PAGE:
×
Department Library

2019

Adam Bugg (Senior Thesis, April 2019, Advisor: Eric Hintz )

Abstract

Spectroscopic observations from the Dominion Astrophysical Observatory of the Cepheid X Cyg show that the star underwent a temperature shift and phase transition sometime between 2013 and 2014. As follow-up work, we conducted a photometric campaign to monitor X Cyg and a collection of 40 other Cepheids, measuring their temperature via a set of Ha filters in addition to the Johnson V filter. While phasing observations in the V filter reproduced clear light curves, Ha light curves were far less successful. The greatest hindrance to properly measuring Ha indices was likely poor signal-to-noise in the narrow Ha filter; the 8-inch telescope used may simply be unable to collect enough light. Accumulating more data, however, would likely reduce scatter and tighten up the results.

2018

Seth Clarke (Senior Thesis, December 2018, Advisor: Eric Hintz )

Abstract

Cygnus OB2 is a large OB association that is relatively close to Earth but highly obscured. Its large population of O and B stars almost certainly includes several emission-line objects, making it an ideal testing ground for the standardized Hα photometric system presented by Joner and Hintz (2015), which is similar to the widely used Hβ system pioneered by Crawford in the 1960s. One of the primary benefits of an Hα system is its potential to distinguish between different categories of emission-line objects without requiring time- and resource-intensive spectroscopy. While several previous papers have proposed such a system, none have received widespread use. The research presented in this thesis used the DAOPHOT program to analyze four years of Cygnus OB2 observations that were made with the filter set described by Joner and Hintz (2015), with the intent to identify standard stars and search for emission-line objects in the field. While persistent difficulties calibrating the data have thus far prevented the publication of such a list of standard stars, the benefits that would arise from the development and widespread implementation of an Hα photometric system warrant continued efforts to resolve the issues inhibiting the system’s creation and adoption.

Andy Hernandez (Senior Thesis, April 2018, Advisor: Eric Hintz )

Abstract

Magnitudes of stars are measured from the energy we measure (apparent) and the total energy output over the entire surface of the star (absolute). In this work we find apparent magnitudes for specified wavelengths of the double cluster h and χ Persei. Apparent magnitudes are attained using point spread function photometry, which is utilized in order to help separate closely spaced stars existing in the clusters. Color-color diagrams are shown detailing the physical properties of h and χ Persei. These are done using the Hα index, described herein, with the Hα magnitude. From these diagrams we can recreate a Hertzsprung-Russel diagram with the addition of Be type stars being easily identifiable. A second, unknown group is discussed. An analysis of the Hα index with the Hβ index shows how Hα emission continues beyond Hβ emission for emission type objects. Using this Hα Hβ index plot emission objects are easily identifiable.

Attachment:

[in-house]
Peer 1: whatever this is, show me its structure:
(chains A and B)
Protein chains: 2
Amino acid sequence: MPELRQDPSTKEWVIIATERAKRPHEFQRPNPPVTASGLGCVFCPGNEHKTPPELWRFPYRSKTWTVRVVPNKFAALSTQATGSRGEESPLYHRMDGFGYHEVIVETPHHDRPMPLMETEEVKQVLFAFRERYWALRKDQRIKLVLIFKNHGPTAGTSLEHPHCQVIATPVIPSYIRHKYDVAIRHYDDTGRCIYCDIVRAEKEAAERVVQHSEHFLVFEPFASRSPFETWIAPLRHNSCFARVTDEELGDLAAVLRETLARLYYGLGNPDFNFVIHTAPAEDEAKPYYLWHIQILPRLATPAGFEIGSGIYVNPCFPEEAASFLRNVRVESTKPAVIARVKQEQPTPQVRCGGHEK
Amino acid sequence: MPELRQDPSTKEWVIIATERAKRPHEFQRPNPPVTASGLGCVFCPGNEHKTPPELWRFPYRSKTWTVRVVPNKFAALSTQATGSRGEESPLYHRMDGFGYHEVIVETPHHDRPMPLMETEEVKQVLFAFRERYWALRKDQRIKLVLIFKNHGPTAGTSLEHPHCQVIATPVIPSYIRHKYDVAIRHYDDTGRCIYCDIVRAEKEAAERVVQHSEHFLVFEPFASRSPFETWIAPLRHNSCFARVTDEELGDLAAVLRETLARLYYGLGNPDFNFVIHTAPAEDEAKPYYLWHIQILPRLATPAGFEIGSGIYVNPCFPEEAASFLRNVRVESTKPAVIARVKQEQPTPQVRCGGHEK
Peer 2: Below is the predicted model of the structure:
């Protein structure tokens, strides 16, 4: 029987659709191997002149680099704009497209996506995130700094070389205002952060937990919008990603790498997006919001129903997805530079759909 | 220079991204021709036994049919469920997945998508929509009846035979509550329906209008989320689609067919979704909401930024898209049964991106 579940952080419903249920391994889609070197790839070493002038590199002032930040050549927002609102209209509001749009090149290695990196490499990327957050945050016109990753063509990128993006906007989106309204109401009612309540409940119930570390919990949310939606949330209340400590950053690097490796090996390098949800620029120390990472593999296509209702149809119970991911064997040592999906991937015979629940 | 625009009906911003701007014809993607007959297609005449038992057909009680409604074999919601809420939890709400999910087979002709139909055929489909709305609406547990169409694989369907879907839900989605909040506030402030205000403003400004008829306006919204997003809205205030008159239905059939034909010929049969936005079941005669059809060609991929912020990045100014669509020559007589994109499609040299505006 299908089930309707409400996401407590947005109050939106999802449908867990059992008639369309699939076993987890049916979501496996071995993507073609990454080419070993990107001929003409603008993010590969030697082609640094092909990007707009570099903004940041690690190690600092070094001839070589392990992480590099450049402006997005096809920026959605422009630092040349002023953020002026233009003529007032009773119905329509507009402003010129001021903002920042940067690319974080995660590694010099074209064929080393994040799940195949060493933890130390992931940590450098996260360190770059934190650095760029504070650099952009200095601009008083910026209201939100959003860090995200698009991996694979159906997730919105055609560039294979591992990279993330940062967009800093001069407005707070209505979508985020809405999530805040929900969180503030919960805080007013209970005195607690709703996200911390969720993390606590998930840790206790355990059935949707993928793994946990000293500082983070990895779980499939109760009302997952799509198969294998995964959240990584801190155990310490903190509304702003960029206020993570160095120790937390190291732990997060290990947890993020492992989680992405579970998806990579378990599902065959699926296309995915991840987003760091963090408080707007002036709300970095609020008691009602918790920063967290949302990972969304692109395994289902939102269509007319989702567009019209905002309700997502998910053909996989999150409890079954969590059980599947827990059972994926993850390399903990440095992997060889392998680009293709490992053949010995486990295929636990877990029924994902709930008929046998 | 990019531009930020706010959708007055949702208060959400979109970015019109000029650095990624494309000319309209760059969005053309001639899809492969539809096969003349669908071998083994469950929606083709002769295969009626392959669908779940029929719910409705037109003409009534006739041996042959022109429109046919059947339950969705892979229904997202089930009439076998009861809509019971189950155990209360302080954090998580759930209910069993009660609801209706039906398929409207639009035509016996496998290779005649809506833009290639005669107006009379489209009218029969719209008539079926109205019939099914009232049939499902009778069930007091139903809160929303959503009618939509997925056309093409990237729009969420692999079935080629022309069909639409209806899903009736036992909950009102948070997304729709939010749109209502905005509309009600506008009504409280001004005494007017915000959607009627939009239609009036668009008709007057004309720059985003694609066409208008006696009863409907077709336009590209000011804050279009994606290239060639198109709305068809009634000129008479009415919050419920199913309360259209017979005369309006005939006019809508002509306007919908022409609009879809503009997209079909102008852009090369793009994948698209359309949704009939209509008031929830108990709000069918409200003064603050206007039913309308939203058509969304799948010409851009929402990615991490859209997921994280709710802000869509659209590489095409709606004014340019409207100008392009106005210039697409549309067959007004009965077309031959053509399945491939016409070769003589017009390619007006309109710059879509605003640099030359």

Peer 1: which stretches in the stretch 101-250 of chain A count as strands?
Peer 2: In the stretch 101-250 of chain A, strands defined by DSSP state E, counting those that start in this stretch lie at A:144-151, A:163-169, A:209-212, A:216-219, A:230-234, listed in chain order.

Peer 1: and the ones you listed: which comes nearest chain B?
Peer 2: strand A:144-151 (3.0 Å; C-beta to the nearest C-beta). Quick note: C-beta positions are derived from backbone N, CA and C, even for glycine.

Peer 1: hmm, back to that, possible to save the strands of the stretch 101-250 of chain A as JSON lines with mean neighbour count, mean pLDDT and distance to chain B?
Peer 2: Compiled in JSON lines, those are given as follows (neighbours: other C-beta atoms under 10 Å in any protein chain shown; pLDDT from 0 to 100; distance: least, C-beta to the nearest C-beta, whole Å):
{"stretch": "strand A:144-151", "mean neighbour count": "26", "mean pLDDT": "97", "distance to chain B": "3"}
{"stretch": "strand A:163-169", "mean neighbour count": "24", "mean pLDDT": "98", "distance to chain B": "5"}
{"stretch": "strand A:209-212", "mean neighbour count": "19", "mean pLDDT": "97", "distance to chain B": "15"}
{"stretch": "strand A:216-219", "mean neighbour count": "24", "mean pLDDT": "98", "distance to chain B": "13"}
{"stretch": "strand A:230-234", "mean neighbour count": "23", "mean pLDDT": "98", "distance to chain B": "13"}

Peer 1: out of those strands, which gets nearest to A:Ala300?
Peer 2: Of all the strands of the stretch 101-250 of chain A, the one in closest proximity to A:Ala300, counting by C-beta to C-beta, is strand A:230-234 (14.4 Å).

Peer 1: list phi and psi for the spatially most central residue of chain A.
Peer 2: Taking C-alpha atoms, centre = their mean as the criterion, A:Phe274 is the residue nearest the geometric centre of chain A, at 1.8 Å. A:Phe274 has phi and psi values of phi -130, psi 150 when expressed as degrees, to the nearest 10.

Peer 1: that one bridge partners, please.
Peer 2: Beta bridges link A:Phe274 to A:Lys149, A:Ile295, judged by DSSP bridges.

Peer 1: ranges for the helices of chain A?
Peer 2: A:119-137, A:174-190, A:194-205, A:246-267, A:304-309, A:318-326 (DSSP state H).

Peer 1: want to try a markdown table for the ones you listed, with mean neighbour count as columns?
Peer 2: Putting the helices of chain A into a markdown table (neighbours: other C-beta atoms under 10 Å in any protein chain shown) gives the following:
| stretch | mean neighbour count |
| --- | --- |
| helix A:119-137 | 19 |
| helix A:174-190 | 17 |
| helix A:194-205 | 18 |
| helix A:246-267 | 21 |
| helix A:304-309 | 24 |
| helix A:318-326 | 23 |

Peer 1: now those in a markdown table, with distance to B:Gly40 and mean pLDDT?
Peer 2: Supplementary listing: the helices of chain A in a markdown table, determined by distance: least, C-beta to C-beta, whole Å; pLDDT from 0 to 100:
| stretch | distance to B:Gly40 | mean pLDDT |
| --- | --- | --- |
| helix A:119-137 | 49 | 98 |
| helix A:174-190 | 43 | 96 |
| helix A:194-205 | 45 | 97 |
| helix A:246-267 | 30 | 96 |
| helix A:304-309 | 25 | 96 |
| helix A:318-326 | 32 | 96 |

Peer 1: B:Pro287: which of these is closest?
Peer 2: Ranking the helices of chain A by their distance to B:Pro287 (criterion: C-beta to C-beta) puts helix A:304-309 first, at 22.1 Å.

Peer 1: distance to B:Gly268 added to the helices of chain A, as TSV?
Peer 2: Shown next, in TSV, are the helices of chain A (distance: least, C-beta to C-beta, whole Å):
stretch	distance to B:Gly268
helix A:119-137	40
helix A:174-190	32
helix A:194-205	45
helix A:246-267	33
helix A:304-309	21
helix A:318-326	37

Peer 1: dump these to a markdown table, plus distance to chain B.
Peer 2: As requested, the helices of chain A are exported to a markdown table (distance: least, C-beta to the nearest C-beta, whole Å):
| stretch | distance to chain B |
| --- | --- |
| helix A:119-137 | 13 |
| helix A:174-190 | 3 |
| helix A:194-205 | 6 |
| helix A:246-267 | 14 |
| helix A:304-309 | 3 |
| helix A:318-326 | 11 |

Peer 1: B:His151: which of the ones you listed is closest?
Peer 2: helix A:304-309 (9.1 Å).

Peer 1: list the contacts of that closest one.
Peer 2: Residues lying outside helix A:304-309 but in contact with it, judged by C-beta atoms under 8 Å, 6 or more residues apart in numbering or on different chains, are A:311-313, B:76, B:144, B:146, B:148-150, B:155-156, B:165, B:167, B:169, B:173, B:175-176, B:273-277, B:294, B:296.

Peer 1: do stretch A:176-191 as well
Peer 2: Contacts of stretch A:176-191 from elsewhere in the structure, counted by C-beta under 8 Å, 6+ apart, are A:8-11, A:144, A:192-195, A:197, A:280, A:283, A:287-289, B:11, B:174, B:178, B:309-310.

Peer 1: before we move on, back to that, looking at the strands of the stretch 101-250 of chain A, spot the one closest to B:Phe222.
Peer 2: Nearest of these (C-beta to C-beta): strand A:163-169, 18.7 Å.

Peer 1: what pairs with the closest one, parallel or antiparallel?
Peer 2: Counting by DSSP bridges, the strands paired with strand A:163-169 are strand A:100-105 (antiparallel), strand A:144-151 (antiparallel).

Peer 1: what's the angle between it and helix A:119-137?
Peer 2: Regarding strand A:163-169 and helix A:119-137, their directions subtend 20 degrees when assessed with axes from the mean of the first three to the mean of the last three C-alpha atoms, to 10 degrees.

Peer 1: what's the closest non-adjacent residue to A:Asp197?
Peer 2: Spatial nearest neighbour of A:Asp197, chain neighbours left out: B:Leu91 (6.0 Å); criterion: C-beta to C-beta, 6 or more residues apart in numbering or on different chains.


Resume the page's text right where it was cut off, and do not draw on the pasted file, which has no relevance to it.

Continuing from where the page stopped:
2017

Hugh Bates (Senior Thesis, April 2017, Advisor: Eric Hintz )

Abstract

Hα and Hβ indexes are used in astronomy to compare prominent spectral features for celestial objects. By plotting these two particular indexes against each other, astronomers are able to easily differentiate between spectral types of stars. An extensive amount of research has been carried out to create a list of standard stars that appear in a line on the Hα vs Hβ plot. It has long been wondered if different types of objects occupy a different location on such a plot. For example, where do Seyfert galaxies appear on an Hα vs Hβ plot? There is a vast database of spectra from various Seyfert galaxies that can be used to obtain Ha and Hβ indexes. Before expending the time and resources to extract and manipulate these spectra, it is important to test one specific Seyfert galaxy and see if the location of the data on the final plot deems further research in this direction. Data, in the form of spectra, were obtained from the Dominion Astrophysical Observatory (DAO) in Canada for the Seyfert galaxy NGC 4151. This galaxy was studied for 11 nights over the span of two years. This data was reduced and analyzed to obtain the strength of the Hα and Hβ lines for the spectra at varying redshift values (ranging from a redshift of 0 km/s to 3000 km/s). An Hα vs Hβ plot was created for each redshifted spectrum. The results were compared to Ha vs Hβ plots of standard stars, and it was discovered that NGC 4151 occupies a unique location of the plot. Other active galactic nuclei (AGN) may provide information to other regions of this plot, and using this plot may assist astronomers in detecting Seyfert galaxies in a field of observation.

Karrie Beckstead (Senior Thesis, April 2017, Advisor: Eric Hintz )

Abstract

Many different teachers teach the Physics 127 (intro to astronomy) class at Brigham Young University (BYU). Each teacher has their own tests for their own students and these tests between teachers are so different from one another that there has arisen a need for some unity between them all. It was determined to create 10 multiple-choice questions that could be included in all of the tests some time in the future. To do this, research was done on what makes a good test question, then each teacher’s exams were analyzed for similarities and differences, and finally 10 questions were created based on this research.

2016

Joel Bradley (Senior Thesis, April 2016, Advisor: Eric Hintz )

Abstract

The High Mass X-Ray Binary KRL2007B-367 is observed in the Johnson B, V, R, and I filters from 2010 to 2012 and is analyzed in the optical for periodicity. Although there may be some hints of variability, KRL2007B-367 is for the most part stable. An uncatalogued star that is in the same field, referred to as star Fey, shows sporadic changes in magnitude. It is proposed that star Fey could possibly be the correct optical counterpart of the High Mass X-Ray Binary System. This is because star Fey shows much more variability in magnitude, and may show signs of periodicity. These are signs of evidence one would look for in a High Mass X-Ray Binary System. Even if this conclusion is incorrect, star Fey is still an object worth studying in the future since it shows interesting properties.